Tony Winner Rosemary Harris to Star in Roundabout Theatre's INDIAN INK this Fall
Roundabout Theatre Company has announced Tony Award winner Rosemary Harris will play the role of "Eleanor Swan" in the Off-Broadway premiere of Tom Stoppard's Indian Ink, directed by Carey Perloff. The production will begin performances on September 4 and open Sunday, September 28, 2014 at the Laura Pels Theatre in the Harold & Miriam Steinberg Centre for Theatre (111 West 46th Street).
Tom Stoppard's relationship with Roundabout Theatre Company includes Broadway productions of The Real Inspector Hound and The Fifteen Minute Hamlet. Rosemary Harris was last seen on the Roundabout stage in The Road to Mecca (2011) and All Over (2002). Next season Roundabout will also present a new production of Mr. Stoppard's The Real Thing on Broadway starring Ewan McGregor & Maggie Gyllenhaal, directed by Sam Gold. This production of Indian Ink will mark the play's Off-Broadway debut.
Set on two different continents and in two different eras, Indian Ink follows free-spirited English poet Flora Crewe on her travels through India in the 1930s, where her intricate relationship with an Indian artist unfurls against the backdrop of a country seeking its independence. Fifty years later, in 1980s England, her younger sister Eleanor tries to preserve the legacy of Flora's controversial career. Little by little, Flora's mysterious past is revealed, as is the surprising story of two people whose connection lives on through art. An evocative portrait of love and loss, Indian Ink movingly explores how the creative spirit can bring us together in the most unexpected ways.
The full cast and design team will be announced soon.
Indian Ink will play Tuesday through Saturday evening at 7:30PM with Wednesday, Saturday and Sunday matinees at 2:00PM.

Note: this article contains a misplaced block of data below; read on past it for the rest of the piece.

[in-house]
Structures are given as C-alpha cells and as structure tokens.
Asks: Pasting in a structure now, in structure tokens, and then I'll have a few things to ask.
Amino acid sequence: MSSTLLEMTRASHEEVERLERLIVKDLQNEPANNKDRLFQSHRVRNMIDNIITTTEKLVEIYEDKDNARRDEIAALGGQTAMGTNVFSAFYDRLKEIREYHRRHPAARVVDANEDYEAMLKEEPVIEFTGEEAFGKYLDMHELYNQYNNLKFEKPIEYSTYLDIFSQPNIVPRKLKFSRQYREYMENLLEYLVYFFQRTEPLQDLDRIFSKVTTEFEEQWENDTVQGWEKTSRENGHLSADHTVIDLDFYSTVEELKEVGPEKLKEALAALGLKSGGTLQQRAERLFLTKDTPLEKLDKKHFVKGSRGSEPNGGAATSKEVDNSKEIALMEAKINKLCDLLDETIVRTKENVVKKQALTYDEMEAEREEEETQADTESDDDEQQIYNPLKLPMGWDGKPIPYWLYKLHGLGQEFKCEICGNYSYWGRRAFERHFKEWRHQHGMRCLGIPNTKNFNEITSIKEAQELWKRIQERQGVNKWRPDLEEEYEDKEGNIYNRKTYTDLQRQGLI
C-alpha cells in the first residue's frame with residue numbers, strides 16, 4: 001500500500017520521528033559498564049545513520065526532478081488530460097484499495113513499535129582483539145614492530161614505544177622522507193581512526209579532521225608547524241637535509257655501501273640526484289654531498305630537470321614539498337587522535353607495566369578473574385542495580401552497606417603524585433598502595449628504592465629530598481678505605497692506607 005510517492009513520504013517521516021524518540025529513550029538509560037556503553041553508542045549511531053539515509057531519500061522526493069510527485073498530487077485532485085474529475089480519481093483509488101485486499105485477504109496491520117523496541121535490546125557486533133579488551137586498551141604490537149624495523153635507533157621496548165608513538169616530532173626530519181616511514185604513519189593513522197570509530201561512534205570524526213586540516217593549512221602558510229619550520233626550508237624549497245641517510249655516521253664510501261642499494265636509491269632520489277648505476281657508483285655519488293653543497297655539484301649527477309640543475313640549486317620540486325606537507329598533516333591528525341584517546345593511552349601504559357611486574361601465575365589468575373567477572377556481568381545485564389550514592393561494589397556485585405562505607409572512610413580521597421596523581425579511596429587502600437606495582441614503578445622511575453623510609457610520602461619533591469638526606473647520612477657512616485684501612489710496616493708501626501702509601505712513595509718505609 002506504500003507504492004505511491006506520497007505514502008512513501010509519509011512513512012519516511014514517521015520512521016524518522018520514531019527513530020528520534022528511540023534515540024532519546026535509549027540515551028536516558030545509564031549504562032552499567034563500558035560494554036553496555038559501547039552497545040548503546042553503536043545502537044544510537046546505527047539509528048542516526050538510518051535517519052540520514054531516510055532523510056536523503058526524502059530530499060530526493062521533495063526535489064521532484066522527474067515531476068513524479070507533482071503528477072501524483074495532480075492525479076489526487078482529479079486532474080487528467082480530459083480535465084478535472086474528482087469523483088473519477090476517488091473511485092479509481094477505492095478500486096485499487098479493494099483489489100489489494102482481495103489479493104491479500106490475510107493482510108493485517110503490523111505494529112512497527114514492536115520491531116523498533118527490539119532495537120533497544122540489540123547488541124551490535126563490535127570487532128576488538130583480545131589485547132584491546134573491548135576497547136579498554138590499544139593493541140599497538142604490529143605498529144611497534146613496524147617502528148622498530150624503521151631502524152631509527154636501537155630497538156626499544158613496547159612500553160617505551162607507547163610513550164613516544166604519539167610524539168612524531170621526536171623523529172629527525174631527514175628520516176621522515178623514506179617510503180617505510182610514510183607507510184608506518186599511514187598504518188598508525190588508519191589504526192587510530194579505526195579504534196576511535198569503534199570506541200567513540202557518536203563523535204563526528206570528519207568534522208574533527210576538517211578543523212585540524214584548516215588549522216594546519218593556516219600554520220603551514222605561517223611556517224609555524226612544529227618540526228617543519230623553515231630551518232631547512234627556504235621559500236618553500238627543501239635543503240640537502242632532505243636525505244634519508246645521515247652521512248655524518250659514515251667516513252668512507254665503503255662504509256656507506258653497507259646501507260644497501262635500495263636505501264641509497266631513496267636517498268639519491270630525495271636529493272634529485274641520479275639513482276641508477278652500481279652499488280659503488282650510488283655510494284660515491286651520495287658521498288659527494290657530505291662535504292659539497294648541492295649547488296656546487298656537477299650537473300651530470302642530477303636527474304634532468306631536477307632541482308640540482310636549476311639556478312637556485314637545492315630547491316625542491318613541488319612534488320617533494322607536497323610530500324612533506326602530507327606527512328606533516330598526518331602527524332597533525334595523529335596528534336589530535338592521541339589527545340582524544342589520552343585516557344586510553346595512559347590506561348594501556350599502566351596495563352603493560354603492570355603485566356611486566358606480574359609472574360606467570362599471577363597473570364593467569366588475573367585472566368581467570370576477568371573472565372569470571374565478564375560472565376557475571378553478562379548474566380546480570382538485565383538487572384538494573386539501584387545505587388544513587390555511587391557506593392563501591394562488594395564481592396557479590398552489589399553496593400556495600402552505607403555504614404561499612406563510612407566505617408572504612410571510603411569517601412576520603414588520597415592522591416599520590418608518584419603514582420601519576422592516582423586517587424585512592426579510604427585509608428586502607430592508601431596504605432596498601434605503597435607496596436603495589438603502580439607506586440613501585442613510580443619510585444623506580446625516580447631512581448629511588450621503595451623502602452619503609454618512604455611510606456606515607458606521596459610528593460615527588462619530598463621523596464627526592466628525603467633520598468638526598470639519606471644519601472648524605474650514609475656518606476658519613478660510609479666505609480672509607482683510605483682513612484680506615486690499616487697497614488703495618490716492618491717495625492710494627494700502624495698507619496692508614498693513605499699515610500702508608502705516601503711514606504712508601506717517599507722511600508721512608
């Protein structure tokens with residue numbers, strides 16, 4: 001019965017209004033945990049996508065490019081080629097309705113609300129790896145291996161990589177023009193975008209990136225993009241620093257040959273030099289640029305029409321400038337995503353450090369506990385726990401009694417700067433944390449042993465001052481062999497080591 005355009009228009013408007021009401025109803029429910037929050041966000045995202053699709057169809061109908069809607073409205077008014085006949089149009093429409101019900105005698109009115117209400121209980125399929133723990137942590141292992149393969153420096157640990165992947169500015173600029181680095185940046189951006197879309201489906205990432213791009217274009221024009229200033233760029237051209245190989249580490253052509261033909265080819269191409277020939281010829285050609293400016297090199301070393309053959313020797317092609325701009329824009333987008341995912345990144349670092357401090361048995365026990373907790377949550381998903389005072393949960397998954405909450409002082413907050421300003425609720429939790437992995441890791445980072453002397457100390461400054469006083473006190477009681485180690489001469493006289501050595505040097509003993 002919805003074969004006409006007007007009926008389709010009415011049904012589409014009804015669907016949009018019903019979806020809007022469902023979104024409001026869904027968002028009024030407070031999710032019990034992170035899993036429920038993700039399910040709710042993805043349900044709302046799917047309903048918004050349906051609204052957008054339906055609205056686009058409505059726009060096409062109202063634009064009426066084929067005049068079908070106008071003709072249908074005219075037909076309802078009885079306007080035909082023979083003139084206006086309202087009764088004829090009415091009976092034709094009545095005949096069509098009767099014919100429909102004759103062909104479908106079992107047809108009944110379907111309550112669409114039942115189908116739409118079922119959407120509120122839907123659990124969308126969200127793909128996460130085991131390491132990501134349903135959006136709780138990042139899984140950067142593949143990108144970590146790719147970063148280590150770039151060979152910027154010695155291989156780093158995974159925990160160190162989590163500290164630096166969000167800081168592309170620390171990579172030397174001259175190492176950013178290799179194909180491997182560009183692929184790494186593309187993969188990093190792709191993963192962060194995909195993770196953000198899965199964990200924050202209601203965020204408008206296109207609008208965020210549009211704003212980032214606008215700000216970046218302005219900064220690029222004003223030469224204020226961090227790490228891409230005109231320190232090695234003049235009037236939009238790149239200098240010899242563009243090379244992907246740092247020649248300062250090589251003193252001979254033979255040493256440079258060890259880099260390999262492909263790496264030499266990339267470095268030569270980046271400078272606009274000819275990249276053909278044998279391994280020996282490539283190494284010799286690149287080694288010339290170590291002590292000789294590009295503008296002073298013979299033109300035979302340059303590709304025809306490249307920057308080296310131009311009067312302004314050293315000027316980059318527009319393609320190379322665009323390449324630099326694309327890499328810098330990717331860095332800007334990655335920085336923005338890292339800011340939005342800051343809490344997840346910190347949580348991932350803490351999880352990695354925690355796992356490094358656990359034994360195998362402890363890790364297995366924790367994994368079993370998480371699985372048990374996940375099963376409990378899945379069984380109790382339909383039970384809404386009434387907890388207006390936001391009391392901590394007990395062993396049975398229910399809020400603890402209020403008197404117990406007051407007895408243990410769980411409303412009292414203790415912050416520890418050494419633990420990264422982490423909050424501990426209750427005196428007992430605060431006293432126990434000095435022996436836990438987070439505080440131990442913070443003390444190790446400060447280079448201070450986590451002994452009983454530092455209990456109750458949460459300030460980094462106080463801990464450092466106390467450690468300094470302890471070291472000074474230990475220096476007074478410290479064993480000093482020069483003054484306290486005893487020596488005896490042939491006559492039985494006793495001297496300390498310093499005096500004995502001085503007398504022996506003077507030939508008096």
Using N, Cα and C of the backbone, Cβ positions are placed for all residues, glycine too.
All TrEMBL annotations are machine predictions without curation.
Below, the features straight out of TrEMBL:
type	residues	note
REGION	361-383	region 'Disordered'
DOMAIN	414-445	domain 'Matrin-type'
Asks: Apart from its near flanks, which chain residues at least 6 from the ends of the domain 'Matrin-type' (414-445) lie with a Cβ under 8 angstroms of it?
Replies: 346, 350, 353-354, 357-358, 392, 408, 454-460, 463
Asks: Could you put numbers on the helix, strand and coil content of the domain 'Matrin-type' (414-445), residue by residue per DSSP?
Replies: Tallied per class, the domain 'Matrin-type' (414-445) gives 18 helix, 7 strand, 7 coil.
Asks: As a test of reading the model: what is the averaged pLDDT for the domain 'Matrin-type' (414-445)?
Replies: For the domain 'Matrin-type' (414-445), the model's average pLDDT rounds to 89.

ROSEMARY HARRIS (Eleanor Swan) was born in England but brought up in India. She graduated from RADA with the Bancroft Gold Medal when she was directed by Mary Duff in The Heiress. Her first job in the London theatre was understudying and looking after Nellie the greyhound in The Gay Dog at the Piccadilly Theatre. She then made her London debut in the The Seven Year Itch having already starred in Moss Hart's Climate Of Eden on Broadway. Following a season at the Bristol Old Vic playing Elizabeth Proctor in the British premier of The Crucible she joined the London Old Vic to play Desedemona opposite Richard Burton in Othello followed by Cressida in Tyrone Guthrie's production of Troilus And Cressida. When Ellis Rabb formed APA in 1960 she joined the Company and appeared in productions of works by Shakespeare, Shaw, Sheridan, Chekhov, Isben, Wilde, Pirandello and Kaufman and Hart at the Lyceum Theatre on Broadway. She also played the title role in Peter Pan. In 1962 she appeared in Laurence Olivier's Company at the Chichester Festival Theatre for their first season in the The Broken Heart and Chances and returned the following year for Uncle Vanya. In 1964 she joined the National Theatre to play Ophelia opposite Peter O'Toole in Laurence Olivier's inaugural production of Hamlet followed by IIyena in his production of Uncle Vanya. In 1967 she created the part of Eleanor of Aquitane in The Lion in Winter on Broadway for which she won a Tony Award and in 1969 she was awarded the Evening Standard Award for Best Actress for her performance in Plaza Suite. In 1970 she appeared opposite Jack Lemmon in Idiot's Delight at the Ahmanson Theatre in Los Angeles, in 1971 she played Anna in Peter Hall's production of Old Times on Broadway, 1973 she played Blanche in A Streetcar Named Desire and Portia in the The Merchant of Venice at the Lincoln Centre Repertory Theatre directed by Ellis Rabb, in 1975 she played Julie Cavendish in Royal Family on Broadway, 1980 she played Madame Arkadina in The Seagull at the Public Theater in New York followed by the Three Sisters and New York Idea at the Brooklyn Academy of Music, in 1982 she appeared in All My Sons in the West End in Heartbreak House with Rex Harrison and Diana Rigg at the Haymarket playing Ariadne Utterwood. She appeared in Heartbreak House on Broadway, again with Rex Harrison but in this production she played Hesione Hushabye. She then played Barbara Jackson in Pack Of Lies on Broadway. In 1985 she spent six weeks at Oxford University lecturing to American drama students after which she returned to Broadway to play Judith Bliss in Hayfever. In July 1986 she opened at the National Theatre in The Petition with John Mills which then transferred to the Wyndhams Theatre. In 1987, she appeared in The Best of Friends at the Apollo Theater co-starring with Sir John Gielgud and Ray McNally. In 1989, she starred in Steel Magnolias with Miranda Richardson at the Lyric. She starred in the Lyric Hammersmith's production of In the Summerhouse. In 2002, she starred in a highly acclaimed run of Edward Albee's All Over at the Roundabout in NYC. Her numerous television credits include "Notorious Woman" in which she played George Sand for which she was awarded an Emmy for best actress. She was awarded Golden Globe for her portrayal of Berte Weiss. She also appeared in a television special entitled "The Chisholms" in which she co-starred with Robert Preston and "To The Lighthouse" adapted from Virginia Wolf's novel where she played Mrs. Ramsey. She also was in "Strange Interlude". She then completed a BBC play, "Summer Day's Dream" with Sir John Geilgud, directed by Christopher Morahan. Her films include "The Boys from Brazil" with Greogory Peck and Laurence Olivier, "Beau Brummel", "A Flea in her Ear", "The Shiralee", "The Ploughman's Lunch", "Sunshine", "Tom and Viv", "Being Julia". "Spider-Man 1, 2 and 3," "Before The Devil Knows Your Dead" directed by Sidney Lumet and most recently "This Means War" opposite Reese Witherspoon and Chris Pine. She still lectures regularly at Oxford University and is married to the novelist John Ehle and they have a daughter Jennifer who is also an actress ["Possession 2002"].